Norway celebrates its hundred years of being a nation-state this year as the liberation from Sweden took place in 1905, a time when Edvard Munch still was in his heydays. The large exhibition Kiss the Frog at the temporary pavilion of the The National Museum of Art, Architecture and Design in Norway which was constructed as a huge green inflatable frog(!) during the summer including artists with large and ambitious projects of both for instance Elmgreen & Dragset, Lars Ramberg and Børre Sæthre was one mean of celebrating Norway’s independency art wise. The exhibition was not only celebrating the 100 year jubilee, but had an agenda of manifesting the future new building of the museum that (hopefully) will be built within the next five years, and also the new centralized mission of the museum that has expanded its tentacles to include design and architecture. The museum organization has undergone major restructuring and has merged with other previously separate institutions like the National Traveling Exhibitions and the Museum of Contemporary Art in Norway to become only one. The task of pulling it all together has been given to the Swede Sune Nordgren, previously director of Baltic Flour Mills in Gateshead. Nordgren has of course been attacked not only for his Swedishness but also highly criticized for a radical reinterpretation and re-hanging of the old masters hung in the old museums, as well as a miscalculation of the budget of the “frog” on a grand scale.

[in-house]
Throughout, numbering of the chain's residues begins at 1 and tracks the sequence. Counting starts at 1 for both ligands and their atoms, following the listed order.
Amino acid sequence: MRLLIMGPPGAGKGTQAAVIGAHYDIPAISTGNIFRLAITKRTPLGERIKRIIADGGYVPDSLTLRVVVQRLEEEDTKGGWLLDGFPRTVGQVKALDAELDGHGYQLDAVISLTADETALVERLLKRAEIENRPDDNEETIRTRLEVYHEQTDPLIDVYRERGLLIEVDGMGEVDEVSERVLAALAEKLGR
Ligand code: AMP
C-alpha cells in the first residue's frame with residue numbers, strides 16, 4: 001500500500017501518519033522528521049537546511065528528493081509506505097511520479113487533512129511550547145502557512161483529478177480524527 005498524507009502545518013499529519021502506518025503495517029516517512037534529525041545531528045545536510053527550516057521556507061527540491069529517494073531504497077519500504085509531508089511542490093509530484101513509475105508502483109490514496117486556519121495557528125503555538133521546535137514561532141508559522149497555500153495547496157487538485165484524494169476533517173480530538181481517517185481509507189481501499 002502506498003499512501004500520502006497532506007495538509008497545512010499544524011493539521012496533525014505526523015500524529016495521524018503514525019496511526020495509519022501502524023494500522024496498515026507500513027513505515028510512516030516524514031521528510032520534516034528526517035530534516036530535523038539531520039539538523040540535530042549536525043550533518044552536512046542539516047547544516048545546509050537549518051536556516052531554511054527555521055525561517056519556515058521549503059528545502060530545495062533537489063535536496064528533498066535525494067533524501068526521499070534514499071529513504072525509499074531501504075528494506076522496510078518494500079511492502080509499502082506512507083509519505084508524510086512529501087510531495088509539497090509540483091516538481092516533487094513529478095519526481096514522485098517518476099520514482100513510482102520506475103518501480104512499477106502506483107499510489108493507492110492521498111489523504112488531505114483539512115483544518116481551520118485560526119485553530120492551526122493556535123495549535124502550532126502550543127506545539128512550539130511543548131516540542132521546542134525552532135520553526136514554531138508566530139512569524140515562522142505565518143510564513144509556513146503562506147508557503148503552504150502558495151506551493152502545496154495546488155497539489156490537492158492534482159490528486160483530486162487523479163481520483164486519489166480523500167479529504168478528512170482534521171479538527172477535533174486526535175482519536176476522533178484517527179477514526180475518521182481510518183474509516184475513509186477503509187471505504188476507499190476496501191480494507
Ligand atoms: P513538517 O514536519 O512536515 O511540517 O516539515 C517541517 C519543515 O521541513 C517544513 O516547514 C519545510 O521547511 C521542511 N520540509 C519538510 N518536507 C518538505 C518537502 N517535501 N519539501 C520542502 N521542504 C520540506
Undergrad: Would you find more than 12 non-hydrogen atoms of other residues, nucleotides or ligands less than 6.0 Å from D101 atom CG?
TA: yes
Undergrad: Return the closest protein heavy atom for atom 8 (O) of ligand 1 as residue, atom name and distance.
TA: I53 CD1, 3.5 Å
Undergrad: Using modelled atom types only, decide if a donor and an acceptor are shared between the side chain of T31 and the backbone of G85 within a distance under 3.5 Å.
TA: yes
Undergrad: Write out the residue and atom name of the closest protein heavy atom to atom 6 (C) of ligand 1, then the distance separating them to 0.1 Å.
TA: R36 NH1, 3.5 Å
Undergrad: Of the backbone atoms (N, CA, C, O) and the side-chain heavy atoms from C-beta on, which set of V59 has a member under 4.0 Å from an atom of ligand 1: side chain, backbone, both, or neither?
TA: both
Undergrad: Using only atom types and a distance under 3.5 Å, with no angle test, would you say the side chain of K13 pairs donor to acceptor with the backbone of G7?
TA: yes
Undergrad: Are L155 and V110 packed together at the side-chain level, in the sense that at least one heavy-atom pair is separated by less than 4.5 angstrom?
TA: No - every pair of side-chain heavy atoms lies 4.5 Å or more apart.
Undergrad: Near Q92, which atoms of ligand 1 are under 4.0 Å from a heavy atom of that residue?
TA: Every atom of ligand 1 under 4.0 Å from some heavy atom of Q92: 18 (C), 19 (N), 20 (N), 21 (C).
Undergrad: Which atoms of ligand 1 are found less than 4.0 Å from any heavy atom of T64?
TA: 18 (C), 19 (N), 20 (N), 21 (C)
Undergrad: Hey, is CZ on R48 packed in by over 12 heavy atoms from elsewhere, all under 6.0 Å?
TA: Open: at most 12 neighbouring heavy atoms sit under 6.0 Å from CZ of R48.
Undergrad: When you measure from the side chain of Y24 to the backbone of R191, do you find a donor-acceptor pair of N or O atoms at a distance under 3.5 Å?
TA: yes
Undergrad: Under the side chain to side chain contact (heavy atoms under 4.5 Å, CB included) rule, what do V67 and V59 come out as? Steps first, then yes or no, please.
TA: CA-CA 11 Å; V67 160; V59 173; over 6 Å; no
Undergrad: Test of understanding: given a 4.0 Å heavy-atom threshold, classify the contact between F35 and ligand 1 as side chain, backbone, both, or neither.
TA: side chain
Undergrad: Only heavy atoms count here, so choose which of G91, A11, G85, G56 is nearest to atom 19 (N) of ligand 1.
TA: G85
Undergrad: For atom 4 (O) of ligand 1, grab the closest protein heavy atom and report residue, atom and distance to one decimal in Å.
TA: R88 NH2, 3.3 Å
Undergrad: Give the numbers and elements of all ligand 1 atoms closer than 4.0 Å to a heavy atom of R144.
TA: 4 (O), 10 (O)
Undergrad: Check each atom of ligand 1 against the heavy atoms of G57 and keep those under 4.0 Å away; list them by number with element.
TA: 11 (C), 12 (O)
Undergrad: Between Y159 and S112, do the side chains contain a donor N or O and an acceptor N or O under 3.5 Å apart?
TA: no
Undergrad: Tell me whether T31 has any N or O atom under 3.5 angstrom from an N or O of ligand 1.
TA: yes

The political winds blowing in the directions of centralization have also stirred up a glowing debate within the Oslo National Academy of the Arts where several changes are being done all at once, the most noticeable being a merge with all the faculties (photograpy, sculpture, painting etc) to only one, Visual Arts, and the merge with the Academy with the earlier National College of Arts and Crafts in Oslo.